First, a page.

The next in the series of The Fusion Projects is with motorcycle company – Royal Enfield. Although the project came to me many months ago I started work on it only in August end. But as they say everything happens for a reason. By the time the tank was finished it was time for The Royal Enfield Rider Mania 2016 – an annual community driven event in Goa each November. And I had the joy of taking the tank to Goa. To see first hand reactions of bikers across India to my vision of a hand painted tank has been gratifying to say the least. I got to be a fly on the wall and just watch people react to the tank artwork.
The endeavour has been not just to paint a motorcycle tank but to view the entire exercise in a new way. The tank needed to look different from anything out there and still have my stamp on it. I was not looking to make just decorative artwork that would sit in someone’s office or a showroom. I want to see how this painted tank fares on an actual motorcycle. How the paint will react to sun, moisture, dew. Will the paintwork stand up to general wear and tear and fuel spills.
Therein lies the purpose of this joint exercise. I learn. Learn about material and it’s usage. I get to try and think out of the box from established norms of what constitutes successful artwork for bikes. The next step is to go to the Enfield factory and see how the paint is applied. To try an incorporate my artistic style while using industry standards. As a start I decided to paint with a brush and not an airbrush. Used Acrylics. And used a theme- Theyyam – which is not seen on bikes but has been central to my work for a few years now.
As a theme, Theyyam lends itself well to artistic interpretations. By it’s very nature, it brings forth goodwill to those in its presence and promises to ward off evil. What better way to kick start a new series. My friend Sachin Chavan – the Head, Rides and Communities, Royal Enfield – who was instrumental in getting me on board for this project has been a friend for almost 20 years. He rides (obviously!!) and my parting shot to him has always been to ‘Ride Safe‘. It has been similar to my father and brother who are both retired fighter pilots from the Indian Air Force. For them it was and is – ‘Fly safe, Blue skies and Happy Landings‘!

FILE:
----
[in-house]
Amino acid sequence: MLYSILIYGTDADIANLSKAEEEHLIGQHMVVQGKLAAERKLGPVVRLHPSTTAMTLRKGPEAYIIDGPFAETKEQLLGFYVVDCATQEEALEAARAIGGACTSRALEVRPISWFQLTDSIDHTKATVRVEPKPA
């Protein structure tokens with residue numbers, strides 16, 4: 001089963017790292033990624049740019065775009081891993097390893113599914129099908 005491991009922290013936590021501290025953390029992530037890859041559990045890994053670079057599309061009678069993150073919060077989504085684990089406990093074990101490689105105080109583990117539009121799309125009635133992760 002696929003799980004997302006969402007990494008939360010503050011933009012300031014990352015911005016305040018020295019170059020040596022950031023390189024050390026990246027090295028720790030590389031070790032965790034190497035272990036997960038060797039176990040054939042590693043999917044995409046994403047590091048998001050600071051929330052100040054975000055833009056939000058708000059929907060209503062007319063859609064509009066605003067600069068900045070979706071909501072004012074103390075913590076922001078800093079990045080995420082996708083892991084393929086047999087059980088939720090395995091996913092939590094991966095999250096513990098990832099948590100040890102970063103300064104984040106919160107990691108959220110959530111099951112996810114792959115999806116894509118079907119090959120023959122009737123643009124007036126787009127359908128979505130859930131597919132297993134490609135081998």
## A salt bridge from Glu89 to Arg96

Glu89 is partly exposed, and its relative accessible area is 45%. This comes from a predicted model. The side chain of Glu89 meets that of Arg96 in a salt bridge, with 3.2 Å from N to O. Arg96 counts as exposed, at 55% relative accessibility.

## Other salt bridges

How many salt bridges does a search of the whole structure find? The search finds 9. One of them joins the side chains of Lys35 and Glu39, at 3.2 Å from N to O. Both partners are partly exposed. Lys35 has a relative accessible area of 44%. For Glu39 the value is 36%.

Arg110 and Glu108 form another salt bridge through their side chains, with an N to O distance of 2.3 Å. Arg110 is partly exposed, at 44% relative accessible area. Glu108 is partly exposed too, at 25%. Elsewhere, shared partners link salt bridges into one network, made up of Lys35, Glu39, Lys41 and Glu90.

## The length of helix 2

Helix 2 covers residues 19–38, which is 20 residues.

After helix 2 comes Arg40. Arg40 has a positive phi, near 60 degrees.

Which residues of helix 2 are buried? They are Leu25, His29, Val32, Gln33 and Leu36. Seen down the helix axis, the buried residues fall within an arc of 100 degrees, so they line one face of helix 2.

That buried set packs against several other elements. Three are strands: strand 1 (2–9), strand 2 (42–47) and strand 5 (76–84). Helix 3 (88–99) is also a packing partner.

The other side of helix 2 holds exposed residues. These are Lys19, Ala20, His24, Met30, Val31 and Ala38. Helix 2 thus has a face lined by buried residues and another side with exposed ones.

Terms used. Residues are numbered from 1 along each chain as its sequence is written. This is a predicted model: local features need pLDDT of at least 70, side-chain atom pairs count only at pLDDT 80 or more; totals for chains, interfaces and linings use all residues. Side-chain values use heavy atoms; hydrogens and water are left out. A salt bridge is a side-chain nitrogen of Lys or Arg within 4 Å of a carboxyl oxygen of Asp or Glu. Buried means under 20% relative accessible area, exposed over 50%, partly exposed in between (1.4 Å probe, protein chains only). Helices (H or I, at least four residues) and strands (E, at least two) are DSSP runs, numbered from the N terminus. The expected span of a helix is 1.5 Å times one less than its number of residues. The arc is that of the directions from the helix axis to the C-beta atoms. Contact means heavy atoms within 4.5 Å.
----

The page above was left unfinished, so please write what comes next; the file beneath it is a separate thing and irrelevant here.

I hope the good will always carries through…
Theyyam is an artistic dance form where metaphysical thoughts and expressions of immortal souls are impersonated by a believer through a mortal body. Theyyam originated from “Kaliyattam” once practiced by the tribal community of north Kerala. Theyyam has grown to the present form through many transformations since it’s origin. Landlords and chieftains of those days are the main forces behind many of such transformations. The community and its body began to use this art to propagate the major theme of social enforcement. The artists are also encouraged by the authorities to introduce new themes into its traditional layers and classified different acts and expressions to match specific needs for their desire. The character representations were very broad. They range from mild to wild in representations.
Theyyam is a sect in which old heroes are sanctified and worshiped as the guardians of villages and homes. Yet, it includes a complex universe centered on the belief that a man can—after suitable mental, physical and spiritual preliminaries—don the costume of a particular deity and then become that deity. In this elevated state he assumes superhuman and divine powers—speaking, moving, blessing and even healing as a god or goddess. What is crucial is that the person is not possessed by the spirit of the deity. It’s important to understand that Theyyam has a larger purpose that goes beyond the territories of performance – to all those in attendance, it assures assistance and security during times of crisis, promising to resolve all their conflicts.
You can read about Theyyam here- http://theyyamat.blogspot.in/